Codes & Standards

 

Essential to the work of the electrical contractor is knowledge of the National Electrical Code, the National Electrical Installation Standards and additional standards and codes administered by the National Fire Protection Association, the Occupational Safety and Health Administration and others. Here is a list of all our articles on codes and standards listed chronologically by issue date. 

Article 210 in the National Electrical Code (NEC) covers branch circuits, except when they supply only motor loads, which Article 430 covers. When sizing conductors for branch circuits, it is necessary to comply with the provisions in Article 210.

My last article provided a history and background on Article 400, dealing with flexible cords and cables. This month, I delve further into whether flexible cords and cables could or should be installed in concealed locations.

In a recent training presentation, a question came up about the new identification requirements for automatically controlled receptacles. Does the marking need to be on the receptacle face, or is a marking on the faceplate in compliance?

Jim Dollard has an extensive background in codes and standards. If you have a query about the National Electrical Code (NEC), Jim will help you solve it. Questions can be sent to codefaqs@gmail.com. Answers are based on the 2014 NEC.
 GFCI protection of dishwashers 
in dwelling units 


More on Codes & Standards

 
Overcurrent Protection, Access to Working Space, Snap Switches, and More
by Staff |

CODE CITATIONS Article 110—Requirements for Electrical Installations Article 240—Overcurrent Protection Article 250—Grounding Article 380—Switches Article 384—Switchboards and Panelboards Article 450—Transformers and Transformer Vaults

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Low-voltage Lighting - Listed Systems or Individual Field-assembled Components?
by Staff |

Does the National Electrical Code (NEC) require all lighting installations operating at 30 volts or less to be Listed systems? Can individual low-voltage lighting components, such as a power supply, fixtures, and conductors be assembled in the field without being part of a Listed system?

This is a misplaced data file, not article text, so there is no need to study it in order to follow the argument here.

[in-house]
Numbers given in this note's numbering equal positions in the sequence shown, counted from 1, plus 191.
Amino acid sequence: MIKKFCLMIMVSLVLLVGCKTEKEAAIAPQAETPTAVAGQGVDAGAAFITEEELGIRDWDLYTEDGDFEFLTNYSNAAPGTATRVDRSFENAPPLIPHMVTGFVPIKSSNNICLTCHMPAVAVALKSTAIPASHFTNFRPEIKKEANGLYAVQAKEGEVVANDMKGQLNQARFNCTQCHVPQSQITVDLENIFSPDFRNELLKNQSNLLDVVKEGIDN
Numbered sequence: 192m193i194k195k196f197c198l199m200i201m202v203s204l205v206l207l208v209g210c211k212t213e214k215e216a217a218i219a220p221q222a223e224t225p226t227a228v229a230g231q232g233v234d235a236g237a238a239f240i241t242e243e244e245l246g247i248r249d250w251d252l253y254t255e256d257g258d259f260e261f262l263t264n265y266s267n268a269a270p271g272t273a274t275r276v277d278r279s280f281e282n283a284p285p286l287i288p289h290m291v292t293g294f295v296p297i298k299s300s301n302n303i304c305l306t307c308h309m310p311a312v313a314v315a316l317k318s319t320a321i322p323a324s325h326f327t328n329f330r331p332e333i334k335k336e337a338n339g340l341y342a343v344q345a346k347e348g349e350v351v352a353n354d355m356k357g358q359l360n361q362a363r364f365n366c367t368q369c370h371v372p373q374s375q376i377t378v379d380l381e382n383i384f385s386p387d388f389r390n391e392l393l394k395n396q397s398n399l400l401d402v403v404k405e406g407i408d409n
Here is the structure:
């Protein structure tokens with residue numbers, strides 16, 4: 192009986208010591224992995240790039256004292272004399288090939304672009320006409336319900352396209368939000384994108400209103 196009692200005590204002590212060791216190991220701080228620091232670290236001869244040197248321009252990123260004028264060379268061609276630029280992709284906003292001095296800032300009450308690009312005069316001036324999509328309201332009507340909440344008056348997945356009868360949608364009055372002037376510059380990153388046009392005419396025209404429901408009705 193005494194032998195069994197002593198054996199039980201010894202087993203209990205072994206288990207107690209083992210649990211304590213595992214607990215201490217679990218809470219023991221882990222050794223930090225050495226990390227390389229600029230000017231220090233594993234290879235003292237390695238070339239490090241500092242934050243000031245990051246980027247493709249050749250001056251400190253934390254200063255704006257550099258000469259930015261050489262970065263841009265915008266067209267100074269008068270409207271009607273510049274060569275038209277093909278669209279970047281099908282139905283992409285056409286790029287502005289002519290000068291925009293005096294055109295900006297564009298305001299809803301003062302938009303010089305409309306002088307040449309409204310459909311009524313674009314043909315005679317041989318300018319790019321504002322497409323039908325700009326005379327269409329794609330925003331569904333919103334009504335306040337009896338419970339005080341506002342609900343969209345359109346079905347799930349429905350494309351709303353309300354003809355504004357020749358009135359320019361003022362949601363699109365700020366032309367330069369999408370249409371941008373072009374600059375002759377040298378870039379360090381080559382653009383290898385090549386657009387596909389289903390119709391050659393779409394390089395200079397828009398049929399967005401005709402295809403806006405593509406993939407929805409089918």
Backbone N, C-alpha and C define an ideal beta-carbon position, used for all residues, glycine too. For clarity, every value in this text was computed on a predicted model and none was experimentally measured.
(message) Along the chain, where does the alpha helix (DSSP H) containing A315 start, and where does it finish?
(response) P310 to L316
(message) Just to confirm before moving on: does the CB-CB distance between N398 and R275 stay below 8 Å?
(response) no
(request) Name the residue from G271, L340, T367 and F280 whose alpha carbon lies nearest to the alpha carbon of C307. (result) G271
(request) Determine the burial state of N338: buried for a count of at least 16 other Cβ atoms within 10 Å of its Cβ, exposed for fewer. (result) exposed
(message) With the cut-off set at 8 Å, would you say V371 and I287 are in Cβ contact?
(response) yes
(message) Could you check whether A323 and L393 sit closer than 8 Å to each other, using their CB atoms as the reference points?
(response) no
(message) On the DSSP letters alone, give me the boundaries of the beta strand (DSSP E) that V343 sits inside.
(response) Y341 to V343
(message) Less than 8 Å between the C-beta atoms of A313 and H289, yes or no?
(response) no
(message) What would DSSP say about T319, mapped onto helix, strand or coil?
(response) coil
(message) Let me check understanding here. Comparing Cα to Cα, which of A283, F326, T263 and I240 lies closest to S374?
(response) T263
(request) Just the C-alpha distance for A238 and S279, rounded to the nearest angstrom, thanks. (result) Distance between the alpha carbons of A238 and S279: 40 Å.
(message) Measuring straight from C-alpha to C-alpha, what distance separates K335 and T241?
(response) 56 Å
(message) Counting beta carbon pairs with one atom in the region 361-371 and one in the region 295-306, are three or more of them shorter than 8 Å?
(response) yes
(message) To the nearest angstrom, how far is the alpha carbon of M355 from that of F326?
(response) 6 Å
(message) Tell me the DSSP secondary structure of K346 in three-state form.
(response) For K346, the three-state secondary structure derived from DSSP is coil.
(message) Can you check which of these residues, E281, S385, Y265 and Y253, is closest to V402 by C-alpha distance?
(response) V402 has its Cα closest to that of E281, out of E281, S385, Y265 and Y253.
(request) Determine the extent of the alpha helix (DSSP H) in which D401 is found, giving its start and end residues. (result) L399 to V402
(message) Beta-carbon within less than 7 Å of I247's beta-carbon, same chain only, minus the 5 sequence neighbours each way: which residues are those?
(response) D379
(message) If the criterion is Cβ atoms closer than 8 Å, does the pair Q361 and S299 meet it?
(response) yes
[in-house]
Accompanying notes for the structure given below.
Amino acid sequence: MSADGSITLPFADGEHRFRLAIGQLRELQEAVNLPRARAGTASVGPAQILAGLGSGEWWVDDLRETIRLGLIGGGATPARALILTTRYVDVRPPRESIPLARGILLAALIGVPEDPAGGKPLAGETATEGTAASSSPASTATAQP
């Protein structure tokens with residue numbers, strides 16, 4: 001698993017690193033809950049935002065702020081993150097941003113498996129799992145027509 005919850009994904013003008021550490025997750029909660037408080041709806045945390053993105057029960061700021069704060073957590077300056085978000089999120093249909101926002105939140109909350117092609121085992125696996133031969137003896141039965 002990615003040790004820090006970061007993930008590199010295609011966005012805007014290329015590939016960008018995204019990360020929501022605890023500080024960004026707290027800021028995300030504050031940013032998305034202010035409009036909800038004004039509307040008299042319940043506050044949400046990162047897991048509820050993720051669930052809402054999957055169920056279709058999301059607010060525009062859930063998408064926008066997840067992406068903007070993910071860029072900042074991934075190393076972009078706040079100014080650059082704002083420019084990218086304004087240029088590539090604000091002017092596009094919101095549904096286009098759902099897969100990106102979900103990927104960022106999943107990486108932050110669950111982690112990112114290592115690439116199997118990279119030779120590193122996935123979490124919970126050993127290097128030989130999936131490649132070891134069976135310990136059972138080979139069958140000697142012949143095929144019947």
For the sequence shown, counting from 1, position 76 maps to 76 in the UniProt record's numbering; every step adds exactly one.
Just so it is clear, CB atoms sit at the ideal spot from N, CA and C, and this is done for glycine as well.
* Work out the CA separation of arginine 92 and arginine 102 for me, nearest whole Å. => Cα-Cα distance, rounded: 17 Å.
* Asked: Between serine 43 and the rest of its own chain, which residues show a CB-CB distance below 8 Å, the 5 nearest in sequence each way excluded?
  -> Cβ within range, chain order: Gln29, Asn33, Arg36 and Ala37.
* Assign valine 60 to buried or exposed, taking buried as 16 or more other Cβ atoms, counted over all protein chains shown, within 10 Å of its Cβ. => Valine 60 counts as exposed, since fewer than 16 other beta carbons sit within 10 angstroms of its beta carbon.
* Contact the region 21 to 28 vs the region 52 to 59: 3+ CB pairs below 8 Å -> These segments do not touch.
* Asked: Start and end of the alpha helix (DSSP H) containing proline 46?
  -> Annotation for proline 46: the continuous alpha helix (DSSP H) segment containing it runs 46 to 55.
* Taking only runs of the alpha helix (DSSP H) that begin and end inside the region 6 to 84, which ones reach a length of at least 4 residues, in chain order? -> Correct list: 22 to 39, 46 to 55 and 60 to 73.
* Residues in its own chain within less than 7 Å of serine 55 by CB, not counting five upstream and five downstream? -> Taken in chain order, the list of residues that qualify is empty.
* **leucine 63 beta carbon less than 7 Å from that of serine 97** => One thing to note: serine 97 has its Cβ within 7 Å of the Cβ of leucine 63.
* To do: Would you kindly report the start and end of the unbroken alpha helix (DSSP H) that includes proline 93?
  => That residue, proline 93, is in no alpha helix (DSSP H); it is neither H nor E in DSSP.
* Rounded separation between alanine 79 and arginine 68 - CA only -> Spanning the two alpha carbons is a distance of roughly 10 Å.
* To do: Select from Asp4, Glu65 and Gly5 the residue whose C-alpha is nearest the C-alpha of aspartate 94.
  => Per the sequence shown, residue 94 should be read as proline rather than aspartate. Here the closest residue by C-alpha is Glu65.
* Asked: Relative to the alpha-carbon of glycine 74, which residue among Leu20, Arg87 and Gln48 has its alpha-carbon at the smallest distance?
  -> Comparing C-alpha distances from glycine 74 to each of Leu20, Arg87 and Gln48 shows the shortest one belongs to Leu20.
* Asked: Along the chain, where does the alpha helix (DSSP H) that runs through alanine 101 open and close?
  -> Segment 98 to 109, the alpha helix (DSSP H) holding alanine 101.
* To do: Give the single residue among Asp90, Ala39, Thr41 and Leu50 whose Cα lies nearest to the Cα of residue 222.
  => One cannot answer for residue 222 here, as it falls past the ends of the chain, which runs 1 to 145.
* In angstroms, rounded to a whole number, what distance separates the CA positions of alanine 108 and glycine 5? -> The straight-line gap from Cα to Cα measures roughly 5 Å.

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How Effective Is Overcurrent Protection in the Tap Rules?
by Staff |

The location in the circuit of the overcurrent protection permitted in the tap rules of Sec. 240-21 raises some questions regarding the effectiveness of the overcurrent protection.

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Article 370 - Pull and Junction Boxes
by Staff |

370-28(a)(2) Angle Pulls

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Classification of a Hazardous Location
by Staff |

The hazardous locations covered by Chapter 5 of the National Electrical Code (NEC) are classified in accordance with the properties of flammable liquids, gases, vapors, combustible dust, or ignitable fibers or flyings that may be present in the area where electrical equipment may be installed.

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Why Does the NEC Prohibit Overcurrent Device Installation in Clothes Closets?
by Staff |

February’s “Code Question of the Month” column addressed overcurrent device installation in clothes closets. The questions were: (1) May service equipment (overcurrent devices in a panelboard) be installed in a walk-in clothes closet?

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Motor Control Circuits: To Ground or Not to Ground?
by Staff |

Should motor control circuits be grounded? Here are some guidelines: If a motor control circuit is tapped from the motor circuit and does not leave the controller enclosure (the push buttons are in the cover), then it need not be grounded. [90-7 ¶ 2, 300-1(b), 450-1 Exc.No.2]

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